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Will New Year be really new?

By : T R Jawahar, E-Mail :
Saturday, 31st December 2016

When a new day dawns Jan 1, the calendar flips to a fresh year. Though a speck in the endless expanses of time a year is still a long period in the short span of mortal existence. Our minds are tuned to such milestones.


The mental vision is vitiated further when viewed through the prism of the present. The instant dogs the individual most. Even an astrologer’s assurance can’t cure us of current obsessions nor can hindsight lure us into farsightedness.


So, cutting a long story short the concern is what does 2017 herald. Well, a wishlist of wants, though a heart-warming temptation can become a futile flight of fantasy. And given the visible vignettes of the vicious end of days of ’16 and ’15, we can surely say what we don’t want! So let us, Chennaiites, collectively wade through this tantalizing maze.


Politically, ’16 was poll year in TN. With the Dravidian parties alternating in power, any change invariably has led only to status quo. But this year, even that symbolic shift of guard at Ft. St.George did not happen. J stayed put and in just six months, landed lifeless in a shallow pit, leaving her party of two leaves in the lurch. AIADMK is now turning a new leaf by claiming J’s Udan Pirava Sahodhari (UPS) is as good a leaf as the withered one. But the cadre and cultivated vote bank suspect a synthetic streak in the sister. This despite deceptive, desperate efforts to maintain the same charades. As ‘16 draws to a close, however, the sister seems set. 


Even otherwise, the State stares into an uncertain ‘17.  And we can ill afford to wait for four more new years for the elusive dawn. We want free speech; not freebies and flattery. We would prefer tough truths to fabrications and falsehood. We do not want another authoritarian CM; nor do we wish an extra-Constitutional puppeteer sans authority and responsibility. We need clean governance, not one that wipes the treasury clean. Zealous Ministers, not zombies are what we look forward to. Industries and tourism, not breweries and Tasmac should be the booze, pardon, boost for revenue. Well, I better stop here. The hangover of that last one almost tippled, er, tripped me.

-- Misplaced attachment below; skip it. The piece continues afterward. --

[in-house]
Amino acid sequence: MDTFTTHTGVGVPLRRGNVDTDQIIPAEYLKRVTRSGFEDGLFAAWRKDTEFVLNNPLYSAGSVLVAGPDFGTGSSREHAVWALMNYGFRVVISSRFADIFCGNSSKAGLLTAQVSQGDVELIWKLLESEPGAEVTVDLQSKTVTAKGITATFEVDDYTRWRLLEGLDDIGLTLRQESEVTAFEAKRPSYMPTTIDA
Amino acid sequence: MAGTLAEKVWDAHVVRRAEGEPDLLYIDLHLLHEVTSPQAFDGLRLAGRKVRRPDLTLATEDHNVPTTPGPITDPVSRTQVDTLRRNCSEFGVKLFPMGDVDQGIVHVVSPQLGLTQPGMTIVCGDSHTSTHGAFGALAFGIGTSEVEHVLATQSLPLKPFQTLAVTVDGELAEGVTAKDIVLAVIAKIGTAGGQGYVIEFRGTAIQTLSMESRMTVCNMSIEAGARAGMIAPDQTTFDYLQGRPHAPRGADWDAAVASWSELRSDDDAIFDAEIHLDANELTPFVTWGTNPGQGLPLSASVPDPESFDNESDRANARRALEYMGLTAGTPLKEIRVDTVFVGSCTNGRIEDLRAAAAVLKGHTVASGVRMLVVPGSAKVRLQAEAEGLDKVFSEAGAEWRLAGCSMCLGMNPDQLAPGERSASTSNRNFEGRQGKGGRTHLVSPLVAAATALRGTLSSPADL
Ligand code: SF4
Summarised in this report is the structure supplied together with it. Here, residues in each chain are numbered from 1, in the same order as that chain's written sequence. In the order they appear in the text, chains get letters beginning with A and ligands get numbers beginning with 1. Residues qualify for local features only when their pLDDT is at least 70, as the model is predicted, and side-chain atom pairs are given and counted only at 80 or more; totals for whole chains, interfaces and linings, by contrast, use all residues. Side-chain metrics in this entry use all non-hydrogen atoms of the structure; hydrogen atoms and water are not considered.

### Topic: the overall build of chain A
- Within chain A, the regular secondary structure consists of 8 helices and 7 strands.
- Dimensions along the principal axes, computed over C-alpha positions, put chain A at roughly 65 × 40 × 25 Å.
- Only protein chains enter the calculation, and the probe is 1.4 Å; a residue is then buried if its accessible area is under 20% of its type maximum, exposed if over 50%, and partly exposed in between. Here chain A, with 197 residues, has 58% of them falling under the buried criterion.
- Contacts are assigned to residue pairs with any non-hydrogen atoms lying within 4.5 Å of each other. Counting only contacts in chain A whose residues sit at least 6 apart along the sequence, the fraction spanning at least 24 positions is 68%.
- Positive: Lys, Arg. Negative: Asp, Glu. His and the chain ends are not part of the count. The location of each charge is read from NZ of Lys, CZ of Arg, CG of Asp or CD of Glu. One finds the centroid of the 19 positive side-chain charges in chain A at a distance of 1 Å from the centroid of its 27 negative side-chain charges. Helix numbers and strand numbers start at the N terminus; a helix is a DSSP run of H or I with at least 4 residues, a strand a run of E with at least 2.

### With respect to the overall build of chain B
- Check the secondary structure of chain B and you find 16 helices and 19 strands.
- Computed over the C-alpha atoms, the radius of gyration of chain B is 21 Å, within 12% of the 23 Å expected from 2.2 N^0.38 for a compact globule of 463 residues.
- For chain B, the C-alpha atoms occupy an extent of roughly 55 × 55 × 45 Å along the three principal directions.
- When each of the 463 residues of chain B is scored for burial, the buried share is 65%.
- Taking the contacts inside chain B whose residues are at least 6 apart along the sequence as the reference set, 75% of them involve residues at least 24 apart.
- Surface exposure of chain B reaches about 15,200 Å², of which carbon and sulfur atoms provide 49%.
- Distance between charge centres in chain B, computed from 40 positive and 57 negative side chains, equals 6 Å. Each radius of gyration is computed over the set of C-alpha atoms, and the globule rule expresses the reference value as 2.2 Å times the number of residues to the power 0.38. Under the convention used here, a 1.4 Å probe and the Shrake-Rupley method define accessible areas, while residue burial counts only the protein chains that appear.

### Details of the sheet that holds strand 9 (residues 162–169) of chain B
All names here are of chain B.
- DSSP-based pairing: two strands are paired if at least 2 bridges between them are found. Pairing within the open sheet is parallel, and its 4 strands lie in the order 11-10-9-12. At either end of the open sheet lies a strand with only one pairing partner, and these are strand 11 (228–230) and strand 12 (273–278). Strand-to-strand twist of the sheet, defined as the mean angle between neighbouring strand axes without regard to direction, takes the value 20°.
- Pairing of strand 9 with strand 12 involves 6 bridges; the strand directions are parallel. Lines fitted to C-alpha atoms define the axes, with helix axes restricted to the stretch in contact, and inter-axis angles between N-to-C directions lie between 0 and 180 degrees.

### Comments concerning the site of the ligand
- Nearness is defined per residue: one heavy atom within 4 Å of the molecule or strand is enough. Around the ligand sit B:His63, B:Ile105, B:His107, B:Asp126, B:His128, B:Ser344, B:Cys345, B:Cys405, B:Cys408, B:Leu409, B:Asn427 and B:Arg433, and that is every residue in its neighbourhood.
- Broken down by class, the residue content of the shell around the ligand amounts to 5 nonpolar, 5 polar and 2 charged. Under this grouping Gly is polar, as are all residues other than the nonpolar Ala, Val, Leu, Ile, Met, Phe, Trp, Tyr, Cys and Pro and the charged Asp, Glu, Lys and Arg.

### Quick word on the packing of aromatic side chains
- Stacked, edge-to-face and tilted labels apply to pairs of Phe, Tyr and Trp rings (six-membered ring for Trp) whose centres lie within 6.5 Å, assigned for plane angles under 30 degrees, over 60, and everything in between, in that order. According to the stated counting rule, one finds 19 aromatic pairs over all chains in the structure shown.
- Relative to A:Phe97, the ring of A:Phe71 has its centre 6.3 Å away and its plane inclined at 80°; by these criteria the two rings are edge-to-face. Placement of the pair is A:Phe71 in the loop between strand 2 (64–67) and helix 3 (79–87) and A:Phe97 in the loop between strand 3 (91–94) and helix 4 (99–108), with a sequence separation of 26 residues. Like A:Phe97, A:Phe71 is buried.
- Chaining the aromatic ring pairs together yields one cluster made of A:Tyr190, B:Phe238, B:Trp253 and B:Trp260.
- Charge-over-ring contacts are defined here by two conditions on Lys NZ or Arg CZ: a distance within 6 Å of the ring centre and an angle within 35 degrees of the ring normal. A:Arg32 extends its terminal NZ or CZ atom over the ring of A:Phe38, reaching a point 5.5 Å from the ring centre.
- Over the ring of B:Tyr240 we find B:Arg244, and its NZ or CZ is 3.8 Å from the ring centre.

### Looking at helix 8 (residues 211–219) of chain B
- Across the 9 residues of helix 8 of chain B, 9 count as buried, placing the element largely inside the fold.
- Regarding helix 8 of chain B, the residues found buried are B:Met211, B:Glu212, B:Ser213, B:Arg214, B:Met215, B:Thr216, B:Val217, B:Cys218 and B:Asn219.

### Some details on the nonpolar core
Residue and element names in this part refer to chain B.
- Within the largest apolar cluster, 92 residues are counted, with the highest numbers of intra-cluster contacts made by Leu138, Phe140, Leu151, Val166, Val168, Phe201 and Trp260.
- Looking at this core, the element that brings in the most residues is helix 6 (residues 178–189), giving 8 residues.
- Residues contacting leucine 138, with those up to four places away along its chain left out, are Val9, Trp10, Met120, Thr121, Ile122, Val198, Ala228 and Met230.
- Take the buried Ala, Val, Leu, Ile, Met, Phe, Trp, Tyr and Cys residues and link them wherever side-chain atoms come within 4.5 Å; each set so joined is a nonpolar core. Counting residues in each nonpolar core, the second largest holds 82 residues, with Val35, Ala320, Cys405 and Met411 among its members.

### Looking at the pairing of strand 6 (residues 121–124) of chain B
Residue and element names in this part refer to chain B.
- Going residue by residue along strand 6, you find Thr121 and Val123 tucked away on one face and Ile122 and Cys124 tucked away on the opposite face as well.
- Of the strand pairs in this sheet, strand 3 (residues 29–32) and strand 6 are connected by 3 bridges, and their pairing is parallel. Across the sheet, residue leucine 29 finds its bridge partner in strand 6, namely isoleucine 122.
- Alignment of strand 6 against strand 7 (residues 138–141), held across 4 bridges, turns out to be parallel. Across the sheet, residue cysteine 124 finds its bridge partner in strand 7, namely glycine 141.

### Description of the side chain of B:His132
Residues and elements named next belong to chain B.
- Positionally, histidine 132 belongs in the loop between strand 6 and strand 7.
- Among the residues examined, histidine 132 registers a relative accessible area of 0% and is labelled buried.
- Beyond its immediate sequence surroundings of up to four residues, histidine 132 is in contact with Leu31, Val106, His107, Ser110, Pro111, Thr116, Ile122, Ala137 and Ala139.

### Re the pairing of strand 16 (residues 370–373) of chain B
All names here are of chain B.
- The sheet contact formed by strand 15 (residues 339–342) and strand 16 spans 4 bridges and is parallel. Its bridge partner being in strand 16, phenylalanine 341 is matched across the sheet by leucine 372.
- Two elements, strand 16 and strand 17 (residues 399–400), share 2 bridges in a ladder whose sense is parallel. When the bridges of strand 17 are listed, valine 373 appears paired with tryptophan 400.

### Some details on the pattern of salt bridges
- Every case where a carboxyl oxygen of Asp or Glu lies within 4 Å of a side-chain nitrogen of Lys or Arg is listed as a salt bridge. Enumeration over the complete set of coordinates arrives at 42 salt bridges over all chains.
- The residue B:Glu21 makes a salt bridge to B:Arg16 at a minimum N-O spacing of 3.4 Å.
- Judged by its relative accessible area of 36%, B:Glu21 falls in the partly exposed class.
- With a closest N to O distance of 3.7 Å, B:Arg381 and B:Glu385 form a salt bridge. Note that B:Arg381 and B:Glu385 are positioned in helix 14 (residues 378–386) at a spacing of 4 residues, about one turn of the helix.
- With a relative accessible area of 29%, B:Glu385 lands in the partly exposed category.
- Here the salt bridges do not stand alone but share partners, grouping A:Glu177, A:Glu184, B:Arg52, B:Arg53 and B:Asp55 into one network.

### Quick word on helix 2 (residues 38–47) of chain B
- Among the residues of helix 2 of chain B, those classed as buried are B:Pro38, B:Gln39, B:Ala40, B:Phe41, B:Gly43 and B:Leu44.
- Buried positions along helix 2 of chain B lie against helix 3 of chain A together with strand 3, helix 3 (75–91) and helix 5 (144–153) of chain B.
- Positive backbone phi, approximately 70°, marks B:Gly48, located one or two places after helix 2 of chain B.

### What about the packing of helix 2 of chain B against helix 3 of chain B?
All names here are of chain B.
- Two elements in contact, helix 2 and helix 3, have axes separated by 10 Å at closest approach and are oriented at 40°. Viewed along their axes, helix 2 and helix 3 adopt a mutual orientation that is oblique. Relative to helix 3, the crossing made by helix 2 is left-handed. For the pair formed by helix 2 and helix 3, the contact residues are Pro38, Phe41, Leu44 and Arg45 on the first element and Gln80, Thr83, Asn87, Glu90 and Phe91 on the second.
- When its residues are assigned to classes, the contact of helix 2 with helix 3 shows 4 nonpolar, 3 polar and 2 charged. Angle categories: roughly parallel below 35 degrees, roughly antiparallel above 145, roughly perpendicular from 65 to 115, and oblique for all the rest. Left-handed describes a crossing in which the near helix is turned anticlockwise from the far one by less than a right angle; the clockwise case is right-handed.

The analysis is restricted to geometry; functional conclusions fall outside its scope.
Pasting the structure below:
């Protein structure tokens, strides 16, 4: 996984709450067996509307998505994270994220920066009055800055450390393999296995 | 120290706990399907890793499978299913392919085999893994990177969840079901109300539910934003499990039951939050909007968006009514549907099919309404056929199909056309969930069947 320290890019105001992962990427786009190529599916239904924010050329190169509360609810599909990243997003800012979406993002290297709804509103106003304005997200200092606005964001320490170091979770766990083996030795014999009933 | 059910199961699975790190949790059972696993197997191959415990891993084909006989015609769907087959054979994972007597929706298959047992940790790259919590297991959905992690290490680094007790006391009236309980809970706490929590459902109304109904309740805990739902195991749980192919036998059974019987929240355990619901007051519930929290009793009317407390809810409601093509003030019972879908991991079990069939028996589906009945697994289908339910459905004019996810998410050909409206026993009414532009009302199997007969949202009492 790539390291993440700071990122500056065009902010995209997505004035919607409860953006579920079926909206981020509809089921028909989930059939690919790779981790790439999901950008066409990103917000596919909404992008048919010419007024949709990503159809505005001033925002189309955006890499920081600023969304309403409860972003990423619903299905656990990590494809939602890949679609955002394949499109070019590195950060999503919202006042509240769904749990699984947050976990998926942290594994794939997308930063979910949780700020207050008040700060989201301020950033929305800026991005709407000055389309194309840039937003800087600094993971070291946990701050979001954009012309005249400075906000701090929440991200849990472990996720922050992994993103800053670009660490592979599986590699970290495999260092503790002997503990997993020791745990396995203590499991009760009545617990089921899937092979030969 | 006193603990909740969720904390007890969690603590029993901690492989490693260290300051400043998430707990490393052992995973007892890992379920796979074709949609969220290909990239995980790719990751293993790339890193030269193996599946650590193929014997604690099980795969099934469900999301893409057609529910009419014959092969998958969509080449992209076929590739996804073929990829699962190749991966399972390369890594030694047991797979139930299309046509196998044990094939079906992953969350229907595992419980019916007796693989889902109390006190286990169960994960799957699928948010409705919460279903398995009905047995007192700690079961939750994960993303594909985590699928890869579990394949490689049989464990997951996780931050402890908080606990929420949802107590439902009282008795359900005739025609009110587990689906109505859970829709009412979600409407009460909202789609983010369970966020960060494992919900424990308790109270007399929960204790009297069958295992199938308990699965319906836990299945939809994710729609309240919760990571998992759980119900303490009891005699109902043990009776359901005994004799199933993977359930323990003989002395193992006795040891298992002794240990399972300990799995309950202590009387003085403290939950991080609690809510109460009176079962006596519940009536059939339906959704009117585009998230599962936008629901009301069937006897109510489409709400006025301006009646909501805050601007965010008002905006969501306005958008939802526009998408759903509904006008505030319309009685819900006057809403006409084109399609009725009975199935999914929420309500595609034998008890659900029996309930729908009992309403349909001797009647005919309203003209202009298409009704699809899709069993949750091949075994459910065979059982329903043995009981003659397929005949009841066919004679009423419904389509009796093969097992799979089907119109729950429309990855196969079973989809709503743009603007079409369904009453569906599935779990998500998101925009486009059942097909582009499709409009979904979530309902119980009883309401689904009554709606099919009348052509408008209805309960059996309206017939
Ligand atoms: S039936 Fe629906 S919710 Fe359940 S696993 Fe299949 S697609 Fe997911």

This is a well endowed State vis-a-vis ATMs. Still, De-M hit us real bad and bit us more than many. As year-end deadline neared, J’s death burned, rather, buried a week of cash flow. Vardah blew away the next. Of the 50-day-pain that Modi promised, 15 days were an unbearable, unofficial pain-package specially for us. Even before, TN was among the last States to receive fresh currency. But ironically, it emerged among the top in seizure of new and old notes. We now have two queues. IT officials lining up before cash-rich hoarders and people stalking cash-less Banks. Both queues, scraping for cash, are likely to stretch into 2017.


The 2015 December floods had the official seal of negligence writ all over it. As the State and its economy submerged more under lake water than direct rain water, nature, though the cause, played only a cameo. But in December 2016, nature went totally solo, not wanting any human help in a bid to assert its supremacy and self-respect. In a blitzkrieg that lasted less than 4 hours, Chennai was ripped apart and stripped of its green cover, its landscape altered forever. The canopy of trees that shaded and shielded many a locality from the scorching tropical sun, now lay shredded on roads and parks. With only dust and shattered glass to wipe and mosquitoes to swipe at, cash-less life seemed like a cruel joke